Last Monday’s televised leaders’ debate demonstrated that the greatest difference between the main protagonists for government are over economic policy. There are clear options on which voters can express their preferences, although in several cases there is no right or wrong approach, they are just different. These are my takeaways from what was said.
Raising the retirement age to 67, is it necessary?
Labour has pitched for this, National is steadfast on age 65.
The Cullen Fund (aka NZ Super Fund) was launched to partially fund the retirement incomes of the burgeoning numbers of superannuitants that emerge as the babyboomers retire. That fund, Labour contended back then, would reduce the need for a rise in the retirement age.
Again under Labour, KiwiSaver has been launched at considerable expense to today’s taxpayers, in an endeavour to shore up the self-provision of retirement savings.
Despite these two initiatives Labour’s figuring now says the age of entitlement for NZ Super will have to be raised.
Part of the reason is Cullen Fund contributions have been halted because the Government’s own books are under a greater strain, part is because the downgrade will make it harder for the economy to generate the income to pay the pension.
Labour’s is a precautionary initiative and will affect everyone under 57, with those under 47 today having 67 as their retirement target.
It is difficult to believe that with a cessation of Cullen Fund contributions and a slump in economic growth prospects there are no adverse consequences for pension policy.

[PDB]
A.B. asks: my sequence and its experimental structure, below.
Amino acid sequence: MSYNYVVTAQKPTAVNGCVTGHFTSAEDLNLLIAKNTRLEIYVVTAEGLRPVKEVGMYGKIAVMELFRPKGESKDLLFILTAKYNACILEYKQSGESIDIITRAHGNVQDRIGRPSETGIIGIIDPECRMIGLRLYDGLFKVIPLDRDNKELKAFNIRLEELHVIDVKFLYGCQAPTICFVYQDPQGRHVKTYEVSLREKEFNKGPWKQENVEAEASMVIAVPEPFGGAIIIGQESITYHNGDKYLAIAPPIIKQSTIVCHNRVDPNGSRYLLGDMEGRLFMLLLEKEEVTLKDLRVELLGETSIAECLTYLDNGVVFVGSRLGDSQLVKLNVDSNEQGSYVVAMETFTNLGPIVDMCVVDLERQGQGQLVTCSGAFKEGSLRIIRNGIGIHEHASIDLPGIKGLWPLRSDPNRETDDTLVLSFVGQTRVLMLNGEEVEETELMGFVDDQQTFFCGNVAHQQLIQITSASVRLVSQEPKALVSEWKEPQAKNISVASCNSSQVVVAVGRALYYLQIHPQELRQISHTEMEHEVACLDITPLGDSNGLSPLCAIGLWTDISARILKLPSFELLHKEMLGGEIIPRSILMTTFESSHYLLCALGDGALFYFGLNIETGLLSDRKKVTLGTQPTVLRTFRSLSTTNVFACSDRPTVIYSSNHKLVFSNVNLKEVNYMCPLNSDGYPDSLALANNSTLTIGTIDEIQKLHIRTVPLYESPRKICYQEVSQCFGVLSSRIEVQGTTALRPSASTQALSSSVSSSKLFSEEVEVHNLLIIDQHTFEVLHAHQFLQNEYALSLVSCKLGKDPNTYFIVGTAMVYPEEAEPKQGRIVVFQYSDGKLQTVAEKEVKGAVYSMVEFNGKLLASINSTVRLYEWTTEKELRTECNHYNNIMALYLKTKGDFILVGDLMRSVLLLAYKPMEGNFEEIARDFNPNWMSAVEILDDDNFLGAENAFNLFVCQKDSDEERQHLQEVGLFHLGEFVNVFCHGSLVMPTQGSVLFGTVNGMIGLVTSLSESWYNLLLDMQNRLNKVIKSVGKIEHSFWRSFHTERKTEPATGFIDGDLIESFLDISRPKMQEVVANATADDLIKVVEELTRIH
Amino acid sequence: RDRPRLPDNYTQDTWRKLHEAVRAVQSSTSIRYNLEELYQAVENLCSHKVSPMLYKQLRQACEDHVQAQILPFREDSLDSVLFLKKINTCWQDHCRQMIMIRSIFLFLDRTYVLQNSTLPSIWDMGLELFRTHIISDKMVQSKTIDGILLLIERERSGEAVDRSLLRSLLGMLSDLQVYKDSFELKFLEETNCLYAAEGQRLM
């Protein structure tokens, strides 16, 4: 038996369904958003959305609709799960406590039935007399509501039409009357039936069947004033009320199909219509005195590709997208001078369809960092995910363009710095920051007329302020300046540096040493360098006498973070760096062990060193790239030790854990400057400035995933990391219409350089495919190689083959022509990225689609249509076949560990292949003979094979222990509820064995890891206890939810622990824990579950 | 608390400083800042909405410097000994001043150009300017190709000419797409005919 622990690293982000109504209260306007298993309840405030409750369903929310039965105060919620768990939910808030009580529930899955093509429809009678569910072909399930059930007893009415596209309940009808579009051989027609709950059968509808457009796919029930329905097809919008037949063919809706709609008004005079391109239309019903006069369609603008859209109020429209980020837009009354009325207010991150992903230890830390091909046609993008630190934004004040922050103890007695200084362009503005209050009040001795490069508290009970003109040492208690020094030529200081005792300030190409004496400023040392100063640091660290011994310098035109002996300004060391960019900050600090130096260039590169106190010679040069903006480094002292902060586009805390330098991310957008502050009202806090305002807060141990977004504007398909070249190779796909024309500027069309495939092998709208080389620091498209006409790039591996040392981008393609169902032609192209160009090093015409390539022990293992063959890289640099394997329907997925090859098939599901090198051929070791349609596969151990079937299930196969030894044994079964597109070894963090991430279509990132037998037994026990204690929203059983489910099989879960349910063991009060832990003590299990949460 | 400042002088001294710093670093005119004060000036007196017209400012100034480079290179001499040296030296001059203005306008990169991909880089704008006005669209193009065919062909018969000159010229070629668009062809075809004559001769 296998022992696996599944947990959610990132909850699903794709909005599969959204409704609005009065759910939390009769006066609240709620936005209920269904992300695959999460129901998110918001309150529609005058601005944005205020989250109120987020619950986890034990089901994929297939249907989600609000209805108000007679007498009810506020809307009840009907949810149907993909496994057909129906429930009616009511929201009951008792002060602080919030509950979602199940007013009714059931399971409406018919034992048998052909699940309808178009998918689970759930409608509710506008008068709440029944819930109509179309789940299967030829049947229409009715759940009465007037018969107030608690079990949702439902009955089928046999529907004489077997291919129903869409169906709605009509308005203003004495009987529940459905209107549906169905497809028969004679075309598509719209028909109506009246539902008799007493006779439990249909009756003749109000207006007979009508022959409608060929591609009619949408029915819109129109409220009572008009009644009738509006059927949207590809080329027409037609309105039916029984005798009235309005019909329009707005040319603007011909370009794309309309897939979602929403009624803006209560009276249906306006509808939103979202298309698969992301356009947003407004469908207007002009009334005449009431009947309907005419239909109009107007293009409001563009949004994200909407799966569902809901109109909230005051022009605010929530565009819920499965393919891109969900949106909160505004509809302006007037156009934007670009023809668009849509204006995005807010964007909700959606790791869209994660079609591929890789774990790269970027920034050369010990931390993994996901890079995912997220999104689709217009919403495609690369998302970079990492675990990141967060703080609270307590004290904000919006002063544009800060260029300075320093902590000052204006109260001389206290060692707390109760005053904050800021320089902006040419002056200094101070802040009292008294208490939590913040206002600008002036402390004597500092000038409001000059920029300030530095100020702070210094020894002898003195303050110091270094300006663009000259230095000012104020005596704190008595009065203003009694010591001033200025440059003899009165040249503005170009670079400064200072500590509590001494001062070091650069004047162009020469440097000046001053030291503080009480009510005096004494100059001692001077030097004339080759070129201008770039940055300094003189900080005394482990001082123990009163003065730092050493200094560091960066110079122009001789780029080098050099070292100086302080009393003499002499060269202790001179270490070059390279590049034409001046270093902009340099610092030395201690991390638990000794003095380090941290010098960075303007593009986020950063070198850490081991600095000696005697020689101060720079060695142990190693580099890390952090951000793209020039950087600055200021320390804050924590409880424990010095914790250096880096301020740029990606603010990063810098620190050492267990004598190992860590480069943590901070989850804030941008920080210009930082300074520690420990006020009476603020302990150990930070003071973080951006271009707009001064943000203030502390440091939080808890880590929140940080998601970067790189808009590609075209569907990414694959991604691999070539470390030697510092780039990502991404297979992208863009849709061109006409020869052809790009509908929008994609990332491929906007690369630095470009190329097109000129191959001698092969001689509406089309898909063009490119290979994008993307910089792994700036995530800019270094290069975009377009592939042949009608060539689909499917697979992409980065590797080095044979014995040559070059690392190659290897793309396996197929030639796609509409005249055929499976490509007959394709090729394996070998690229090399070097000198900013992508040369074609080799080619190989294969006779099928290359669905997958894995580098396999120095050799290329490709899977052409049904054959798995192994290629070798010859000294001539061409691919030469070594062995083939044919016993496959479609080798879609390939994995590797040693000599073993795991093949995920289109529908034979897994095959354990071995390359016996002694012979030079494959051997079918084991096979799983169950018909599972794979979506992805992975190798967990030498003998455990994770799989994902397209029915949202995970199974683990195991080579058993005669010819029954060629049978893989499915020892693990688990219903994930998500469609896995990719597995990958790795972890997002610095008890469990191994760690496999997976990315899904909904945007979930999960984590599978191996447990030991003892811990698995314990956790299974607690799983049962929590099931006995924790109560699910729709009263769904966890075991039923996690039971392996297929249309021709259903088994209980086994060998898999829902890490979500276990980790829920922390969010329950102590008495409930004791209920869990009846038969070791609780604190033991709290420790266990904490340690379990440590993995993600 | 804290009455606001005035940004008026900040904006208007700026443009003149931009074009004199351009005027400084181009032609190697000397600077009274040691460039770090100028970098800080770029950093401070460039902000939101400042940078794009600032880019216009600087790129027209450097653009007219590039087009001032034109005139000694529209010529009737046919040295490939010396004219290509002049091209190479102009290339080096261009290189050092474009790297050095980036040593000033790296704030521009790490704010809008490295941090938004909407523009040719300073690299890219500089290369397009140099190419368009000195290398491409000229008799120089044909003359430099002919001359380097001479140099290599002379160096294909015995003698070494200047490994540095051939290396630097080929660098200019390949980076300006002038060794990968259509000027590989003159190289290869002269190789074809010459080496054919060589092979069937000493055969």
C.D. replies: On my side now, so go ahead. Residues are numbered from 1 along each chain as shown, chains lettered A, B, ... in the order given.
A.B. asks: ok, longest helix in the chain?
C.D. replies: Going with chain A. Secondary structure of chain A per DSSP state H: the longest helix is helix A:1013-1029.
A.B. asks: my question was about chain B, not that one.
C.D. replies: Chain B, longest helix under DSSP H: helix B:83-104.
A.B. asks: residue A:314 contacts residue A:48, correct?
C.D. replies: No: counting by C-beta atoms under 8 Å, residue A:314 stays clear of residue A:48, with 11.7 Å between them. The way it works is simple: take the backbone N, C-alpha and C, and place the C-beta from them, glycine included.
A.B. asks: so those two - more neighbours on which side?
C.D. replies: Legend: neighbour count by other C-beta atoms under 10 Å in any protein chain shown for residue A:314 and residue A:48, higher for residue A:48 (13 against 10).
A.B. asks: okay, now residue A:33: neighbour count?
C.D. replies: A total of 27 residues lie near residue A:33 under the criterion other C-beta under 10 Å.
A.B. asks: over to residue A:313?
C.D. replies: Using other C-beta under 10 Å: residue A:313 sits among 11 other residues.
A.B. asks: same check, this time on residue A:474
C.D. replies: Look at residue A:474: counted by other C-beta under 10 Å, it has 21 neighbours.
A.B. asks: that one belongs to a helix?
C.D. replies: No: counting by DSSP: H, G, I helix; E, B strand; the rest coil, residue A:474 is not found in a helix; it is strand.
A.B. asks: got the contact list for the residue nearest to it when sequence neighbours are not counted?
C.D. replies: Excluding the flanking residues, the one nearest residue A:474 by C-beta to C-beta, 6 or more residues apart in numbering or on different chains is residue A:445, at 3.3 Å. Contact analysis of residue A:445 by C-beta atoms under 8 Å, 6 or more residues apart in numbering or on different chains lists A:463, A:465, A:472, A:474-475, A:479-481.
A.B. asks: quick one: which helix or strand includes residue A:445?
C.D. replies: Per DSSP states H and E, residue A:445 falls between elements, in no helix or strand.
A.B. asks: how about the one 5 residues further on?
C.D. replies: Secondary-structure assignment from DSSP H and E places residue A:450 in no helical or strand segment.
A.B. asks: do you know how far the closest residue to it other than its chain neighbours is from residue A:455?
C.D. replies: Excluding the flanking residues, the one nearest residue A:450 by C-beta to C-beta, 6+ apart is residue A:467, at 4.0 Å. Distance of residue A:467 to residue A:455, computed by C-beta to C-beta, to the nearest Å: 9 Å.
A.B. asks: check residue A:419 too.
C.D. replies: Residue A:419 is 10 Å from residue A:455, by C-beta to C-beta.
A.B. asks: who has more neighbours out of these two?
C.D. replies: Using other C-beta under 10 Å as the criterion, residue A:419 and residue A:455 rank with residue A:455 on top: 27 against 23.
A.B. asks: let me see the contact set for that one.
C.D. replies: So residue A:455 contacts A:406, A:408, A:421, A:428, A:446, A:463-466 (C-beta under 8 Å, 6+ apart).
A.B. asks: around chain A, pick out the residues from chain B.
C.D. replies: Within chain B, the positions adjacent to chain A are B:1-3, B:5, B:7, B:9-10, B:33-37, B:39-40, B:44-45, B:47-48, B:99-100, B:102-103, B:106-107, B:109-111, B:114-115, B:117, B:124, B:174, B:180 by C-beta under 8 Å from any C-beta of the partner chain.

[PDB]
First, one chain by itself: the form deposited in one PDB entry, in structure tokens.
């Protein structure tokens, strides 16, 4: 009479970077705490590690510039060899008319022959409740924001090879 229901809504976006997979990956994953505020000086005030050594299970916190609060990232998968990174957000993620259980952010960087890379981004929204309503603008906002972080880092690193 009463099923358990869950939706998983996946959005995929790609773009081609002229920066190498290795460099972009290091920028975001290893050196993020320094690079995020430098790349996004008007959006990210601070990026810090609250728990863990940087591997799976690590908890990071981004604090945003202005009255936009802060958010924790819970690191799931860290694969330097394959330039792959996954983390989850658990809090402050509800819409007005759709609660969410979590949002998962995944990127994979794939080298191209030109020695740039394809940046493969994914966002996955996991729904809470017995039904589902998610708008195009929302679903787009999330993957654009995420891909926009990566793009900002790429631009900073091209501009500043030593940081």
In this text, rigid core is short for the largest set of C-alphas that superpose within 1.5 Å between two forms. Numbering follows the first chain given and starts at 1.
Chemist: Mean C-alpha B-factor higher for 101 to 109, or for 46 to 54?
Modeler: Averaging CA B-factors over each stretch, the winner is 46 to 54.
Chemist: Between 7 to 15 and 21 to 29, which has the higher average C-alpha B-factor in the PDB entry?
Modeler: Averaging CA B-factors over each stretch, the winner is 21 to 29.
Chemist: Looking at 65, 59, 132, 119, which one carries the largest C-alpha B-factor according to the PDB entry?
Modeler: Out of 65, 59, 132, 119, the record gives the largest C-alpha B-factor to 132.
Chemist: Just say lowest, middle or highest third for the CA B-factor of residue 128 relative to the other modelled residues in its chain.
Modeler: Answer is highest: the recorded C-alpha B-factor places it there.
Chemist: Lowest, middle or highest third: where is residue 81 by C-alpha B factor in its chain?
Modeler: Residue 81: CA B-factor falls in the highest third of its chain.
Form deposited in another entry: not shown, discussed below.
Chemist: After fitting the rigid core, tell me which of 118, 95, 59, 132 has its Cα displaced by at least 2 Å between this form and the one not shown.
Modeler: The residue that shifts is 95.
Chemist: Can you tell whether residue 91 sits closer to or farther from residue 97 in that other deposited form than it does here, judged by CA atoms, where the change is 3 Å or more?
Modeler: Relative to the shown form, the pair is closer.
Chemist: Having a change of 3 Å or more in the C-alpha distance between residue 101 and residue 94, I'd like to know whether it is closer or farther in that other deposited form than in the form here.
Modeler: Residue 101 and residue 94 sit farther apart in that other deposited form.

On balance then Labour should be credited for this policy reaction, and providing forward warning.
Should KiwiSaver be made compulsory?
Labour says yes, National is opting for the soft compulsion (employees can still opt out) only.
It isn’t rational to make every person save this way in a taxpayer subsidised scheme, certainly many do not need additional savings at all.
The ideal would be for KiwiSaver to be required only of those whose current wealth indicates insufficient resources to fund an adequate replacement in retirement for their current lifestyle. Designing policy to deliver such an ideal is not easy although satisfying a wealth test to be exempt from KiwiSaver membership would suffice. National’s soft compulsion is a step closer to voluntary than Labour’s alternative so it has to be preferable.
Asset sales, are they necessary?
Labour’s case against the sale of 49 per cent of certain state enterprises is that National is doing it for funding reasons. This is incorrect, it is about putting a financial discipline alongside the social and strategic one that governments generally bring to their investments.